On the night of April 18, 1775, Paul Revere said, "The British are coming!" He used the line to warn John Hancock and Samuel Adams of the impending British attack.Know More
Before the war, Paul Revere was a successful businessman. As his business grew, so did the tensions with the British. America was in the throes of trying to claim its independence, and the British were not making it easy on them. In order to do his part to aid in the war effort, Revere joined the Freemasons. He continually proved himself and quickly moved up through the ranks. Once the organization knew it could trust him, he was chosen to spy on the advancing British soldiers.
He also took on the responsibility of working as a courier for the Boston Committee of Correspondence. He, along with other members of the committee, was responsible for launching the Boston Tea Party.
After Revere rode through the town shouting his now-famous line, the Battle of Lexington began, which was the first battle of the American Revolution. During the war, Revere worked wherever his skills were needed. He manufactured gunpowder, helped to print America's first currency and was the commander of Castle William at Boston Harbor. At the time of his death in 1818, Revere had become known for his hard work and charitable contributions.Learn more about US History
According to the Office of the Historian, Benjamin Franklin persuaded France to aid the colonists in their rebellion against the British. While Franklin was popular and admired in France, however, it was ultimately the British surrender at the Battle of Saratoga in December 1777 that encouraged the French to join.Full Answer >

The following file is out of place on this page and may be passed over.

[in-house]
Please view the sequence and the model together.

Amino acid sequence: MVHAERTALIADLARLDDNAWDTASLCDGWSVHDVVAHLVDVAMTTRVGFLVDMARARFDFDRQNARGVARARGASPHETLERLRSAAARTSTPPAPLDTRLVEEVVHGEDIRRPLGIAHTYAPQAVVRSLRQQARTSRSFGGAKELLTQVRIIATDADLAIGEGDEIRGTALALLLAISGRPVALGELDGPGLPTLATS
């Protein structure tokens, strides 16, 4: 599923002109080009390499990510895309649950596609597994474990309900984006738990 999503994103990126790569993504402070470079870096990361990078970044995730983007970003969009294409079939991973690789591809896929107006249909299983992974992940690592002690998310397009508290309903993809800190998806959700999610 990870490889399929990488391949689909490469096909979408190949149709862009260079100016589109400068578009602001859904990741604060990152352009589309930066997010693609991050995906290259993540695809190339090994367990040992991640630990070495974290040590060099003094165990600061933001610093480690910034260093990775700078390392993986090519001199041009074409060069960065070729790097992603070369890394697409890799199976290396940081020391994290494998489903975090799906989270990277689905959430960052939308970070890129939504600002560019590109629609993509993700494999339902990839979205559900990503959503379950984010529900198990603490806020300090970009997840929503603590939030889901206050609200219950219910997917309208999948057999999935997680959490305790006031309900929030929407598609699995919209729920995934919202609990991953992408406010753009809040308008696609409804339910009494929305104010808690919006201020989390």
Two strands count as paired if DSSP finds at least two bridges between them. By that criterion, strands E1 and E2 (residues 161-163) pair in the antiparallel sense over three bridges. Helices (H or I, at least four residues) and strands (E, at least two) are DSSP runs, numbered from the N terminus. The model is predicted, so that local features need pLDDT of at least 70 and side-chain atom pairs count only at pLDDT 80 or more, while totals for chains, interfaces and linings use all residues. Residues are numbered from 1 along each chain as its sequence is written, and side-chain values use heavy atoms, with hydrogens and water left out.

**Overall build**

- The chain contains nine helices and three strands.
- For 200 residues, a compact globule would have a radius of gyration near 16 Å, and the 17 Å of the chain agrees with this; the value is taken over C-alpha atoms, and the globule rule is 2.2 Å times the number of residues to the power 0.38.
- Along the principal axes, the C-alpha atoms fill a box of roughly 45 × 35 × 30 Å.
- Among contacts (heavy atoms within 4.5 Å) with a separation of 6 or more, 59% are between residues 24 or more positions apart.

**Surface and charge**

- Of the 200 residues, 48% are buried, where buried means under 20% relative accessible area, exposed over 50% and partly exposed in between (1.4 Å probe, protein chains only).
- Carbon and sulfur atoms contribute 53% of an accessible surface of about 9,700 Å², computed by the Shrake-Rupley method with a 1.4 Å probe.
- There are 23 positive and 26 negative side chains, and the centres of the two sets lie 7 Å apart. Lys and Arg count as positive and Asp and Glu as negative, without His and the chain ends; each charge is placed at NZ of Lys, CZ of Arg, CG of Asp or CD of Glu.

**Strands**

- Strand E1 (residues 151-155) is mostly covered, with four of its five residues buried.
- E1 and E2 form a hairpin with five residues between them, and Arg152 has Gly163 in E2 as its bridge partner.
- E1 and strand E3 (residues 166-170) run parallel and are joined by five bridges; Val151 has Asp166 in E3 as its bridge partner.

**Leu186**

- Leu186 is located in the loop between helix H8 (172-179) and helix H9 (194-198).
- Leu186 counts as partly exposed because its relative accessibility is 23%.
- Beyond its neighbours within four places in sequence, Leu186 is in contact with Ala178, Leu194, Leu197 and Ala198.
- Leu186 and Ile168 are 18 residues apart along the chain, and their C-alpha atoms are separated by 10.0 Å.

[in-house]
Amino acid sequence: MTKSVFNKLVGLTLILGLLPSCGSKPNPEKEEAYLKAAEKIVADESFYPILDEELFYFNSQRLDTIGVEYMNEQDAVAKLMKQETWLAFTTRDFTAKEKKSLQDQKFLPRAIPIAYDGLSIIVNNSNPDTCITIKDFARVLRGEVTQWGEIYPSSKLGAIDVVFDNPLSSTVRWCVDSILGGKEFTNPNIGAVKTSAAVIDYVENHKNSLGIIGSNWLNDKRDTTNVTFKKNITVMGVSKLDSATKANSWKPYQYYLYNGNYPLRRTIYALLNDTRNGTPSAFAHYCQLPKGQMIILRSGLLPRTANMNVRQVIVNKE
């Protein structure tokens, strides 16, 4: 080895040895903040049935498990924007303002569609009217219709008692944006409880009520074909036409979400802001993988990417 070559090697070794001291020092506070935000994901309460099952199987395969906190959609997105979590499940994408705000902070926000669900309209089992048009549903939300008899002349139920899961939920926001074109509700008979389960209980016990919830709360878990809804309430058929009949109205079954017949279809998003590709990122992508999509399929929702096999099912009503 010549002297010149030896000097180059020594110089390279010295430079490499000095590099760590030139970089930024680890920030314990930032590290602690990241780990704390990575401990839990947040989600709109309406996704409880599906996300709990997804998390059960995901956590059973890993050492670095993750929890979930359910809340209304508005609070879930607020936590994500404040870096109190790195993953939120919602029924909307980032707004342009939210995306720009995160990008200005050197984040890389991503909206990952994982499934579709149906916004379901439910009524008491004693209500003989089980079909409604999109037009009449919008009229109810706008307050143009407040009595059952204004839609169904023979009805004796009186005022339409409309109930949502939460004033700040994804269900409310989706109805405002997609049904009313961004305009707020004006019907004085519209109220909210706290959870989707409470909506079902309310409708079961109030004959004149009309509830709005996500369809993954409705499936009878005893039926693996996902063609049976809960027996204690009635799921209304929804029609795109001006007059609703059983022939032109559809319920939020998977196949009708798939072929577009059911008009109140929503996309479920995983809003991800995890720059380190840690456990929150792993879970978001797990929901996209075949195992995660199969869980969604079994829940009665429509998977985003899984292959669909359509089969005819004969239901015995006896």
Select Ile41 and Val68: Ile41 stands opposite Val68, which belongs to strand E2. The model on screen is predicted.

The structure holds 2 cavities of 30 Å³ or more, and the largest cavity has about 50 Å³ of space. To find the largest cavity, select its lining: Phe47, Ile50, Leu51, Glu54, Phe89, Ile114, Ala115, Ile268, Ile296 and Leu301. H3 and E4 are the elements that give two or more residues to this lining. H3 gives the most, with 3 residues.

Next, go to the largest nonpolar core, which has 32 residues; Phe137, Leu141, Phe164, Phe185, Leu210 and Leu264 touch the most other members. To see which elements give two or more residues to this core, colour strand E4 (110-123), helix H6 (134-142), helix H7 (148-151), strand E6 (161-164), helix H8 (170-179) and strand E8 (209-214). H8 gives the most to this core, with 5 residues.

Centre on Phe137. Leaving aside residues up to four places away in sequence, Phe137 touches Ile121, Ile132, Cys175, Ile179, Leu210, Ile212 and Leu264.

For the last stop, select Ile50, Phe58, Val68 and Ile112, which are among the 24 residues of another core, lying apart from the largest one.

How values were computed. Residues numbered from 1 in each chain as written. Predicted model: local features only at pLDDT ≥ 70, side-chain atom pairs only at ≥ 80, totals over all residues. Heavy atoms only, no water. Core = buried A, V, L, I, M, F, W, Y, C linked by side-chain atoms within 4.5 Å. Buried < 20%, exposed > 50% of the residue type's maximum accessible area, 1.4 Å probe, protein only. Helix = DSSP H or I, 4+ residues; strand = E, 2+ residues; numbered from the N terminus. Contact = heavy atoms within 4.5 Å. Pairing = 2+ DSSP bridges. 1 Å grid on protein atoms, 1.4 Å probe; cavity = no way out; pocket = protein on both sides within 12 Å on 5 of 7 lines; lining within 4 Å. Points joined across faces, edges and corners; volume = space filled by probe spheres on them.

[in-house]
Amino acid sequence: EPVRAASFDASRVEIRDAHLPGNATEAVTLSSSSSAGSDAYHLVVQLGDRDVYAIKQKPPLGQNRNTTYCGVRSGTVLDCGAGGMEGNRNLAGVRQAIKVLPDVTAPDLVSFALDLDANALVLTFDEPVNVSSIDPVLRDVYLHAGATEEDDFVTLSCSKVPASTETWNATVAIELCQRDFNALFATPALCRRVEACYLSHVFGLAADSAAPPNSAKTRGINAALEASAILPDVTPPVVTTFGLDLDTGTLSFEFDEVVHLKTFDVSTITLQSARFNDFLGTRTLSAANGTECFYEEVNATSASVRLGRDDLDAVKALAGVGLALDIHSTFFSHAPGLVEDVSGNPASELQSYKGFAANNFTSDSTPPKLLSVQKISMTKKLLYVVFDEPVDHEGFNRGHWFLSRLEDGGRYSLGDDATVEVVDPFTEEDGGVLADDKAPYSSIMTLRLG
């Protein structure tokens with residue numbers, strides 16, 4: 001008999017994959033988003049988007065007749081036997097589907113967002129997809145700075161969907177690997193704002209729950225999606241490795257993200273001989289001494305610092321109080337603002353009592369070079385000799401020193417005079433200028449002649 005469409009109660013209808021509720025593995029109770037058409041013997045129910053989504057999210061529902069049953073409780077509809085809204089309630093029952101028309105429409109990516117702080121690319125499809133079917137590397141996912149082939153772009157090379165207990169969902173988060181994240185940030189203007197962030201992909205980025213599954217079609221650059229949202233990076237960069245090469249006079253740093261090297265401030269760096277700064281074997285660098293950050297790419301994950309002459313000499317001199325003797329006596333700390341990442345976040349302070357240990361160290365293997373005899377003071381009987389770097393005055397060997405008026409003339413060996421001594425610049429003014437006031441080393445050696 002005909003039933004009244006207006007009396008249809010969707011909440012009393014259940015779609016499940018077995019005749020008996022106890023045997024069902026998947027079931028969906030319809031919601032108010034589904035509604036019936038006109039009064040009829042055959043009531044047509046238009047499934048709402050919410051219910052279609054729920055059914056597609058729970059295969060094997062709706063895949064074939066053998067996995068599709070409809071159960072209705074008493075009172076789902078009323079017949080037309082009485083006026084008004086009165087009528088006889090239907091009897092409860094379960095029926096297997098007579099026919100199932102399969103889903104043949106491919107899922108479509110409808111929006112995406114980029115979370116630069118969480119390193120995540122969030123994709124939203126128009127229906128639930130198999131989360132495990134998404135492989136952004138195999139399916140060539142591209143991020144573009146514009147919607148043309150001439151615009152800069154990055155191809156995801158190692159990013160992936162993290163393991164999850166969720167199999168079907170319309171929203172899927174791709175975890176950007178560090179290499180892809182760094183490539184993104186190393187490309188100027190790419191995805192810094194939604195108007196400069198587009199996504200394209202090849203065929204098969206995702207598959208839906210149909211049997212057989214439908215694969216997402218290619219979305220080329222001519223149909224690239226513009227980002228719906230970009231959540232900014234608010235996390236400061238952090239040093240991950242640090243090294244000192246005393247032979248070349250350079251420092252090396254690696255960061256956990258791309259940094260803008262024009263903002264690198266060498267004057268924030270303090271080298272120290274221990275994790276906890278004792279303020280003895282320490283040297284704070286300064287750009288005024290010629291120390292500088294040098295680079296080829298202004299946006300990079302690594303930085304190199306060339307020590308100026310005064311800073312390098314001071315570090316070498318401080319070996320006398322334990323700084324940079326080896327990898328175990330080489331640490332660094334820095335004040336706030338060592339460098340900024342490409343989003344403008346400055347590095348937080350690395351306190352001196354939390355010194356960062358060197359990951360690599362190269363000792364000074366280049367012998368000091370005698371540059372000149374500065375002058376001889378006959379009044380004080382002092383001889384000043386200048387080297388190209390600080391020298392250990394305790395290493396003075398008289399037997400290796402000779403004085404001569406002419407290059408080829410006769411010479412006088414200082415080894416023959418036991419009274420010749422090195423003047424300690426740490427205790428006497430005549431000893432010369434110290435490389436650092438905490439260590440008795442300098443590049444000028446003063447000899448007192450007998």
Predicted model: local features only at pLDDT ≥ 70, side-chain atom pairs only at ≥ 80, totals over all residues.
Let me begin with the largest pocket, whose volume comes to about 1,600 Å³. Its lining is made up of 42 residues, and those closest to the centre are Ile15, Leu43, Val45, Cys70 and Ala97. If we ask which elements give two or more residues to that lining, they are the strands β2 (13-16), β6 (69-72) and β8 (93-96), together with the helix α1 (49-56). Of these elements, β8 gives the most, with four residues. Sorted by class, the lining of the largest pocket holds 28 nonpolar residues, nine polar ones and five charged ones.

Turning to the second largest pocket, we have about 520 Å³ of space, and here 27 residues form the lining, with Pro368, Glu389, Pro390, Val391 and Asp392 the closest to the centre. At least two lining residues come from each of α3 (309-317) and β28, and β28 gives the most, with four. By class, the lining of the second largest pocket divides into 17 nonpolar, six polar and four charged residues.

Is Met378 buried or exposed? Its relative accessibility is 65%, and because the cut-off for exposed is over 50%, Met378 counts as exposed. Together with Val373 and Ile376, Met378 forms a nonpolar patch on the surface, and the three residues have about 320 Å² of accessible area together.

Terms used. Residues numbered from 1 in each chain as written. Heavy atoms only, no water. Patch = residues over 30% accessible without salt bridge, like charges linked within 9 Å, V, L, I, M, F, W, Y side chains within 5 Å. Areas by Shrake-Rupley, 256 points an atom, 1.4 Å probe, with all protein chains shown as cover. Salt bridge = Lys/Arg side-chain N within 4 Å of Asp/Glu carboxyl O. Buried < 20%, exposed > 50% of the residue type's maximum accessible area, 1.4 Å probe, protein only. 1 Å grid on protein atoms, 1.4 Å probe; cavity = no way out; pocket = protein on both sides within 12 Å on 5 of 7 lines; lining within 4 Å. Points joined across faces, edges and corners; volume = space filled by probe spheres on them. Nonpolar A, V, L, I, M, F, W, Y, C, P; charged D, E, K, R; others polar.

Paul Revere's most famous quote, "The British are coming," is actually a misquote. He never said it. Historians point out that at the time of the English invasion, most colonists still considered themselves British, so the phrase would have been meaningless to them.Full Answer >
After losing two significant battles against the British, the American Continental Army was left half-starved and dispirited when they reached their winter encampment in Valley Forge; however, General George Washington stayed with his troops and helped them remain intact. Disease was also a factor for the band of 11,000. They barely had enough to eat and when they did scrounge up some food, it naturally lacked nutritional value, which led to debilitating diseases like dysentery.Full Answer >
Burn treatments used by pioneers in America are as diverse as the pioneers themselves, coming from a myriad of cultures. It is important to keep a burn sealed and moisturized, so many pioneers used egg whites to coat the burn. Some turned to axle grease, which was made of animal fat and beeswax thinned with turpentine, to create a sterile seal.Full Answer >